Advent 3 – Stewards of the Mystery (sermon)

A3 - John the Baptist - grunewald
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1 Corinthians 4:1-5       St. Matthew 11:2-10

 

Think of us in this way, as of the ministers of Christ,
and stewards of God’s mysteries.
Moreover, it is required of stewards that they be found faithful.

In Advent we prepare to celebrate Christ’s first coming at Christmas, we look to His coming again in glory, and we look to his coming to us in the present.

Last week we looked at how the Bible helps prepare us for Christ’s coming to us, filling us with hope.

Today are readings point to how the ministers of Christ help prepare us for Christ’s coming.

There are particular ministries in the Church to teach and preach, but every Christian soul, who comes to know the Gospel – becomes “a servant of Christ and a steward (een beheerder) of God’s mystery”.

(For our Tolkien fans – remember the Steward of Gondor – who forgets he is in charge only on behalf of the true king – Aragorn – he forgets he is only a steward and wants to possess it for himself – and he comes to a terrible end.)

As a Christian, each one of us possess something from God, a certain knowledge, and a certain Spirit of Christ!

We’re not given these things for our own enjoyment alone – but also to share with others: Knowledge of the way of life, of the way of true freedom, the way of forgiveness, of love, how to attain eternal life, the gift of the Holy Spirit – as we come to see these things and to enjoy them – they become our most precious possession.  We are to share that possession with others (strangely we don’t lose it, but it grows!).

We share the Gospel in a hidden but powerful way by following Jesus - living a life according the truth, with honesty, with humility.  And we also share it by letting others know the source of our joy – with words.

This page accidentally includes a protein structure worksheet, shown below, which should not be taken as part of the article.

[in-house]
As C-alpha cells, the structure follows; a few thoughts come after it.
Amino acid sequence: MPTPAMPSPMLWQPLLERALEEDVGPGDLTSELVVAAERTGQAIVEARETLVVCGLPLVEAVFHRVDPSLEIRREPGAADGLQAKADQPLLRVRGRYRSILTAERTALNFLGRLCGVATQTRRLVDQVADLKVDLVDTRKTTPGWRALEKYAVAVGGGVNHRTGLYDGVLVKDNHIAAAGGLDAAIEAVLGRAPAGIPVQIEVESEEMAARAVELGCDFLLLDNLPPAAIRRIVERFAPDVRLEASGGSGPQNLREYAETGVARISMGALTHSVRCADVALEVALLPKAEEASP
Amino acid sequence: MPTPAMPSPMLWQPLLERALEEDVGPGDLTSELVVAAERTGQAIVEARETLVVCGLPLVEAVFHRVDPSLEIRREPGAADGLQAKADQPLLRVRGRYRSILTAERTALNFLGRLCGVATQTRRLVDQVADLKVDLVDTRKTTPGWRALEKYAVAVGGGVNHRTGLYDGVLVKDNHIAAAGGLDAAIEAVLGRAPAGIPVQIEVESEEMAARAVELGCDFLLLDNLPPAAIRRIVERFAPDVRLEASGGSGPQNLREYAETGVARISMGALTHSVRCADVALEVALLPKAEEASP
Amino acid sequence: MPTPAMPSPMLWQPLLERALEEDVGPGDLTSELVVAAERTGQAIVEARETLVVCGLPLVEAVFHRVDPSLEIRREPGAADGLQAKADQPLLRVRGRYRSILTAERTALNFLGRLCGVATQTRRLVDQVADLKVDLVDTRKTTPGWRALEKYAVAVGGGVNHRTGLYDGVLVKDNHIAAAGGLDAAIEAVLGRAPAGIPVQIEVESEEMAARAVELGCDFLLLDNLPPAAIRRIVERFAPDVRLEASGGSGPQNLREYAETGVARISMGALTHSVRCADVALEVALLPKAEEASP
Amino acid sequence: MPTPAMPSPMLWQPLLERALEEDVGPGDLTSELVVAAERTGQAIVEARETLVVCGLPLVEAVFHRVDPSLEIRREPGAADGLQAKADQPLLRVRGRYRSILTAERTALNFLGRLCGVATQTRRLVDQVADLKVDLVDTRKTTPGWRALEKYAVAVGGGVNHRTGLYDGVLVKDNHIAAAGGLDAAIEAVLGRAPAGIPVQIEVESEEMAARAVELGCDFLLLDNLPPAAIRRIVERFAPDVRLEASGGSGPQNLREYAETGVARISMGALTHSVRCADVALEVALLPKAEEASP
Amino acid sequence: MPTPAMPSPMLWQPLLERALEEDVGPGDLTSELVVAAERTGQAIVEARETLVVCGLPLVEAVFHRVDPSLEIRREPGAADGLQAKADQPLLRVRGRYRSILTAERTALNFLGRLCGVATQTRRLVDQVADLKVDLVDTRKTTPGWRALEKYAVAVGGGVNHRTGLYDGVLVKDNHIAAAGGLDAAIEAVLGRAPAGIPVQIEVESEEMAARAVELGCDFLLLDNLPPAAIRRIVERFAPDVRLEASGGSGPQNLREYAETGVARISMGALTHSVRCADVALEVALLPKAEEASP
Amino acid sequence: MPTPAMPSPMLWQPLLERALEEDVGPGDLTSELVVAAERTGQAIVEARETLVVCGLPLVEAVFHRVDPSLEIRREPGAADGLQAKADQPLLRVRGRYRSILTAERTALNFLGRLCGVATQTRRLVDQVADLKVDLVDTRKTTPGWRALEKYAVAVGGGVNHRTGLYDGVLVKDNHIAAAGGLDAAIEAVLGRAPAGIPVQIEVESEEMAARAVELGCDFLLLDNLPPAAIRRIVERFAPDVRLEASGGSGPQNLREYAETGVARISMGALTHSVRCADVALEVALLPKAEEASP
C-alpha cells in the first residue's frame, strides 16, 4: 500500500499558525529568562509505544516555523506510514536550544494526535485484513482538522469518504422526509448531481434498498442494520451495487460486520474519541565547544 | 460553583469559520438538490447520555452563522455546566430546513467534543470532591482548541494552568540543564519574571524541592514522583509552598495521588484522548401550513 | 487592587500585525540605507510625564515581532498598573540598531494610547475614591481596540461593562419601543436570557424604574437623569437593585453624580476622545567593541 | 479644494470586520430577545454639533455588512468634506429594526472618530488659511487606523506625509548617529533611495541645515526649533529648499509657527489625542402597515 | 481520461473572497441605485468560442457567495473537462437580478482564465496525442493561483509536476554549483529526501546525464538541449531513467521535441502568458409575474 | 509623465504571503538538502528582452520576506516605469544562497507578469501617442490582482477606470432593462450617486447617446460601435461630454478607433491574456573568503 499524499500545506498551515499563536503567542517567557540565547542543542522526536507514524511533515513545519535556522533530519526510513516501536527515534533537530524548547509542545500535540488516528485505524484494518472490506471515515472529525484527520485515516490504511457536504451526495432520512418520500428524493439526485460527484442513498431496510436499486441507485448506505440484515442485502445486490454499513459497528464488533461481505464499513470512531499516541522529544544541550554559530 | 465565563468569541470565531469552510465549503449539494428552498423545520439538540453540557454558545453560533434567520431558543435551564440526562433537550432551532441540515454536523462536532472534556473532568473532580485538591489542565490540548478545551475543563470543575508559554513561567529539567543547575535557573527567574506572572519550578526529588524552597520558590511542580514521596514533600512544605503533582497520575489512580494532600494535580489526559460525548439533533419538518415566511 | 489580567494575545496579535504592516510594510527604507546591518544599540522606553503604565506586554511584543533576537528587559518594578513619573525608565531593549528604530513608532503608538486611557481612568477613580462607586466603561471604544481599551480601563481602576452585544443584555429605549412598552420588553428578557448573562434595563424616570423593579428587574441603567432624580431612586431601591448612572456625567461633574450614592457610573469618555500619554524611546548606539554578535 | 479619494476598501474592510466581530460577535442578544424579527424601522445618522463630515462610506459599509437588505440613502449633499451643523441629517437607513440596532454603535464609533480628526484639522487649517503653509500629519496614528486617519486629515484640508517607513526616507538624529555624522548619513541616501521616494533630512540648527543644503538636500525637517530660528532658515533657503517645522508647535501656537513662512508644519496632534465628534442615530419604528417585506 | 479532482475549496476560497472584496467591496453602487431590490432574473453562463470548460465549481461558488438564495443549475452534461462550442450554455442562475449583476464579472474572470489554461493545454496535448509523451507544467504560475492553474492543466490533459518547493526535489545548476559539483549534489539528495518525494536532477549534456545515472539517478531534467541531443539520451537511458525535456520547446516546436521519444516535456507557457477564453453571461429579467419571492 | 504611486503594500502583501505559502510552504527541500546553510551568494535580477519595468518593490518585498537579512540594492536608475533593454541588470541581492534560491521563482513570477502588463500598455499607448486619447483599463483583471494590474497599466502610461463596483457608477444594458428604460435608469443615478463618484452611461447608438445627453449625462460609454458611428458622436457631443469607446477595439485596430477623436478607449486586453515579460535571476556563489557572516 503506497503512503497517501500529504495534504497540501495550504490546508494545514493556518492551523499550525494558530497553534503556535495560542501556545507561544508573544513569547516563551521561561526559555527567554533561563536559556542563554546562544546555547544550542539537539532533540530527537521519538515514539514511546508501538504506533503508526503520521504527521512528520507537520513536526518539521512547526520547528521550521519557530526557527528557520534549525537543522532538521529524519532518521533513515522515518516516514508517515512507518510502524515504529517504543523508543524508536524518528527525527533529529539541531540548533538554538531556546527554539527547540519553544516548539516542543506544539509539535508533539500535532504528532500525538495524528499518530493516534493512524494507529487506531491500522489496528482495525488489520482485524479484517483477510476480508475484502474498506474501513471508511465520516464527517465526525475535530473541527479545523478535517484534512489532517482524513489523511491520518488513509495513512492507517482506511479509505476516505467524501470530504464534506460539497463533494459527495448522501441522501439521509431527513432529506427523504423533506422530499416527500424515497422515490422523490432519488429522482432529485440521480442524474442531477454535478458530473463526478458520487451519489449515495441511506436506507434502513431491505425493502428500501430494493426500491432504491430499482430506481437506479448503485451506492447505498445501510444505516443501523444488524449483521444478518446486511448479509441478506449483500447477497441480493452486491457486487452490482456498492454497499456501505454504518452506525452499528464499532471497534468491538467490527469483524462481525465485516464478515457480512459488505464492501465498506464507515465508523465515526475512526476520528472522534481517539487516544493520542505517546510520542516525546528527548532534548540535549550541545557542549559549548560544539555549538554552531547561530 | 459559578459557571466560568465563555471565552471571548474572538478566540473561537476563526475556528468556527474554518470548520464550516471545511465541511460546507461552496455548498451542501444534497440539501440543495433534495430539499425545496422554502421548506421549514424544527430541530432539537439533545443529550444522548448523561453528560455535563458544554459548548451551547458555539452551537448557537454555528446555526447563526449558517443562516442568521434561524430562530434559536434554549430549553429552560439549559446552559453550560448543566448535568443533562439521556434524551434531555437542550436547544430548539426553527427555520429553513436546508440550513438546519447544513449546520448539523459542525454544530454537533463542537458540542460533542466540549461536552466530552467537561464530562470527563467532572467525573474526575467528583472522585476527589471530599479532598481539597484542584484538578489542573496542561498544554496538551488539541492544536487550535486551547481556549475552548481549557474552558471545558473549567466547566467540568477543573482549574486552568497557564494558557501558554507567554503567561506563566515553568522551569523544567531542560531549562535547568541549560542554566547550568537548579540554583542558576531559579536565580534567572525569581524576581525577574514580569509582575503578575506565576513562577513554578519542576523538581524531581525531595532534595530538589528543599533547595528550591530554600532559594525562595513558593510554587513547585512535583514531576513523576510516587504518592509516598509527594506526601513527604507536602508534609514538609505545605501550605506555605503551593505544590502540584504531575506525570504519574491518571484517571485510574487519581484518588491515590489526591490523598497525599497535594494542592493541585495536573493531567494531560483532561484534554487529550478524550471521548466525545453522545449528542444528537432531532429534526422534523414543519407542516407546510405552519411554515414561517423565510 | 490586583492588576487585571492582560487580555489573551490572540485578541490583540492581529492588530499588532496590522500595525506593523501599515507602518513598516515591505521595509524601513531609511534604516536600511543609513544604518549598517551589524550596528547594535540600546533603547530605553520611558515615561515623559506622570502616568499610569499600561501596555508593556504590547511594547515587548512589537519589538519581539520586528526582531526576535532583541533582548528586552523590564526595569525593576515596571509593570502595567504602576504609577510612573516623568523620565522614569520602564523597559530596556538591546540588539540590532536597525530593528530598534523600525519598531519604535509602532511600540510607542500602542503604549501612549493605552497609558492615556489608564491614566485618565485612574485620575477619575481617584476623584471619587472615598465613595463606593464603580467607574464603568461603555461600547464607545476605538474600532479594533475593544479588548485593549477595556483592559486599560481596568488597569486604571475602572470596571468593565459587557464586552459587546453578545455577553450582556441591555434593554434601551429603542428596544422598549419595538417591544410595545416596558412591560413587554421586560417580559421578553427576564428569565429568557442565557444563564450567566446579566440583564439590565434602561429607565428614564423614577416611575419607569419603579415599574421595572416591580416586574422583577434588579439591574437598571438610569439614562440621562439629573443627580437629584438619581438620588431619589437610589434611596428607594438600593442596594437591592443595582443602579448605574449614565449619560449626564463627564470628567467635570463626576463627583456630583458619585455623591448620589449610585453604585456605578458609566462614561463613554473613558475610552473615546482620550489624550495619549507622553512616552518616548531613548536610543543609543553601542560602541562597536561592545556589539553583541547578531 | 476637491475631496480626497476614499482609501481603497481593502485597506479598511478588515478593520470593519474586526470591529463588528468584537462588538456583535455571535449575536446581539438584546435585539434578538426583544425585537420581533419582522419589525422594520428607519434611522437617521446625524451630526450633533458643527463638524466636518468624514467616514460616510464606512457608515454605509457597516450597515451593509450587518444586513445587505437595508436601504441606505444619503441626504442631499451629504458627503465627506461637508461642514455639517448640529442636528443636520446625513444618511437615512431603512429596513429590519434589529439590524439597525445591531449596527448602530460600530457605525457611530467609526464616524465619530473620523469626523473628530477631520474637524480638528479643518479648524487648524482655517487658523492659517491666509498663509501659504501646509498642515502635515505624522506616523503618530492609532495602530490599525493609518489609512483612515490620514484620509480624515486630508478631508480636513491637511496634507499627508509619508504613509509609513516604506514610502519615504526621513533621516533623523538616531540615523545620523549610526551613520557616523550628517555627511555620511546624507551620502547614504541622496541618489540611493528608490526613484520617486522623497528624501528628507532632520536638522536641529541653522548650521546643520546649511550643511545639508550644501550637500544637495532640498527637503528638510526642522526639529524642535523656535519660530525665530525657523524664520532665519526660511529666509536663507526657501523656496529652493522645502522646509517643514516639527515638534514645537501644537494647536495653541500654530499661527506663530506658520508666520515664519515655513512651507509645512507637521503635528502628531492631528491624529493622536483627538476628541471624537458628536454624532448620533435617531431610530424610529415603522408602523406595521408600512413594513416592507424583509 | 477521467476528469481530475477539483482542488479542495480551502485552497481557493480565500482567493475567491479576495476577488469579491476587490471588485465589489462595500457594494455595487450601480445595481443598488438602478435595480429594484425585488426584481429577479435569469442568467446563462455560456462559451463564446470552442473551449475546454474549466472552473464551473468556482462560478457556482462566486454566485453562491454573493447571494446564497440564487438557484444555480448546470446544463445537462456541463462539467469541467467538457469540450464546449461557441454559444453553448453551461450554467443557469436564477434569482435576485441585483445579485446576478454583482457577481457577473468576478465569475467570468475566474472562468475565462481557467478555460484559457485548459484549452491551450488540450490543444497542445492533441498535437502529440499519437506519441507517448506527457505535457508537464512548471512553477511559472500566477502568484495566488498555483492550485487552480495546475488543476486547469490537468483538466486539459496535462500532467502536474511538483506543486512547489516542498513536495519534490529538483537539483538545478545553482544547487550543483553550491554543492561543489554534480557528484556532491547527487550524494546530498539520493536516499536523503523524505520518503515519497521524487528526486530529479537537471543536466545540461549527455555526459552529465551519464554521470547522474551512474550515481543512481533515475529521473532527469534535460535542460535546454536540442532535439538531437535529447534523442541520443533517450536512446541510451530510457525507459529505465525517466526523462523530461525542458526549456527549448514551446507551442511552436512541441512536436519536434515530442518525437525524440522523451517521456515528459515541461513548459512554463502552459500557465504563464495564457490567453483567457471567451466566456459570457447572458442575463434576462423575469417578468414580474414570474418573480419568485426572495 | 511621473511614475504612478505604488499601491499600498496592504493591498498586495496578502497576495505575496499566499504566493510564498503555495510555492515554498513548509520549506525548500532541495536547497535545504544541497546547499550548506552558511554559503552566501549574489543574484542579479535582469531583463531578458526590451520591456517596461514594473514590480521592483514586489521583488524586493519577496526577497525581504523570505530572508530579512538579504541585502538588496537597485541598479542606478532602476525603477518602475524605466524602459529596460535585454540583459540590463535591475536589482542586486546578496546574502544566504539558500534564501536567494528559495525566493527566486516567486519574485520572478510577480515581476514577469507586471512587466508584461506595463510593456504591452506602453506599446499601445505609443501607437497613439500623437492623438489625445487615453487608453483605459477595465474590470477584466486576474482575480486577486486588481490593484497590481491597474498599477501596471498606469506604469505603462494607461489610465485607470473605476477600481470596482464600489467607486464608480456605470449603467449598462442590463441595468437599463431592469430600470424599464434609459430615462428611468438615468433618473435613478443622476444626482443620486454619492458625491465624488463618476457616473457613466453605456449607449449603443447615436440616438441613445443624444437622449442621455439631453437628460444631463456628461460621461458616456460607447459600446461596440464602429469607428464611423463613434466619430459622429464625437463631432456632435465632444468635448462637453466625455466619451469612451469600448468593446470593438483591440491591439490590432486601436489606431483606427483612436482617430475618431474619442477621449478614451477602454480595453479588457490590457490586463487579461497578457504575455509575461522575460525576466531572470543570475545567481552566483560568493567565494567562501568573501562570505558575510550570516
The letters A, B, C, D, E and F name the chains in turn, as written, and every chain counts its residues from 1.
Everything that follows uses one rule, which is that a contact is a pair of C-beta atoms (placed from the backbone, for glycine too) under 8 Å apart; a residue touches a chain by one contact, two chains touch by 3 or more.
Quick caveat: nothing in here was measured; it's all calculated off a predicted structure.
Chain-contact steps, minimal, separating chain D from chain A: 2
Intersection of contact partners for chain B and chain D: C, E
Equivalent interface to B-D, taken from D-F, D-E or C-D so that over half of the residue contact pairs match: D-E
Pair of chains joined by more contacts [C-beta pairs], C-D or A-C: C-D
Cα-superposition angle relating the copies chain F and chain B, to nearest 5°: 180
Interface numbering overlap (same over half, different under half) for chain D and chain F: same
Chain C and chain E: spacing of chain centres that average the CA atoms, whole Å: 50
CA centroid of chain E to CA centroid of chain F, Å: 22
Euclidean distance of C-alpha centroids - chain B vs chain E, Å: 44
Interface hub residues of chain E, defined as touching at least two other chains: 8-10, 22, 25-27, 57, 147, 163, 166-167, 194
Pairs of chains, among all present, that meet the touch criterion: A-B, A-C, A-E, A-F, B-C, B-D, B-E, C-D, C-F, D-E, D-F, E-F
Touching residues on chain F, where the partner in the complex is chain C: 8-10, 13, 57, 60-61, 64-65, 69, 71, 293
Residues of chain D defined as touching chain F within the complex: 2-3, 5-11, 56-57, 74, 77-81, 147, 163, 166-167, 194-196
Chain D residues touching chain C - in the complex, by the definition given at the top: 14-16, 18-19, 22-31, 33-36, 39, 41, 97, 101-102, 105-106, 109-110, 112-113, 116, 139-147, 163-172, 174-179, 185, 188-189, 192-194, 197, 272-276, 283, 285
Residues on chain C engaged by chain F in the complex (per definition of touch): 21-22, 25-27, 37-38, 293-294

Think of someone you can invite to our Christmas service, you might be surprised!  That’s one way of being a faithful steward of the mystery.

St Paul says to us today, it is required of stewards that they be found faithful.

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In our Gospel today, Jesus gives us the example of St John the Baptist, as the foremost trustworthy steward (beheerder) of the mystery of God.

Jesus points to three signs of his faithfulness – he was in the wilderness, he was steadfast, and he was an ascetic (een asceet) – let’s look at each of these.

First, he asks the people who had gone out to see John the Baptist about their motivation for going to see him.  Jesus begins, What did you out into the wilderness to see?

Do you know the story of John the Baptist’s life?  John was the cousin of Jesus, born 6 months before Jesus.  At a young age John went out into the wilderness, the desert, and lived on locusts and honey.  Why did he leave a life of comfort and with others for solitude?  He wanted to get some distance from the society in which he lived, to have greater clarity – he wanted to hear the voice of God!

Through the ages, Christians have followed John’s example.  The Desert Fathers and Mothers of Egypt in the 3rd and 4th centuries, fled into the desert literally to fight head to head with the demons that confuse us – they’ve left to the church invaluable insights into the spiritual life.  If we want to see clearly, to be able to distinguish the kingdom of heaven from the kingdom of this world, we must get some distance from the world – otherwise we just take up automatically all of its assumptions as our own – we are like sponges – be careful what we soak up!

For us, going into the wilderness might mean taking time away from our work or in our school holidays, to go to a monastery – there are many around us, monks see supporting retreats as a part of their core ministry.  If you are young consider travelling, and maybe  on your own?  If you’re working, consider a sabbatical from time to time?  We could also, more easily, set times apart at home – where we shut off phones, internet access, connection with others – for a morning or a day or two.  (Harder, I’m discovering with a family!  Different times, require different strategies.)

Jesus says we cannot be faithful to our calling, unless we go into a room, by ourselves, regularly, in quiet for prayer.  Jesus said, “When you pray, go into your room and shut the door and pray to your Father who is in secret. And your Father who sees in secret will reward you.” [Matt 6:6]  (Contrary to the Harfoots, in the Rings of Power, everybody should go “off-trail”, and yes, everybody should go alone…sometimes.)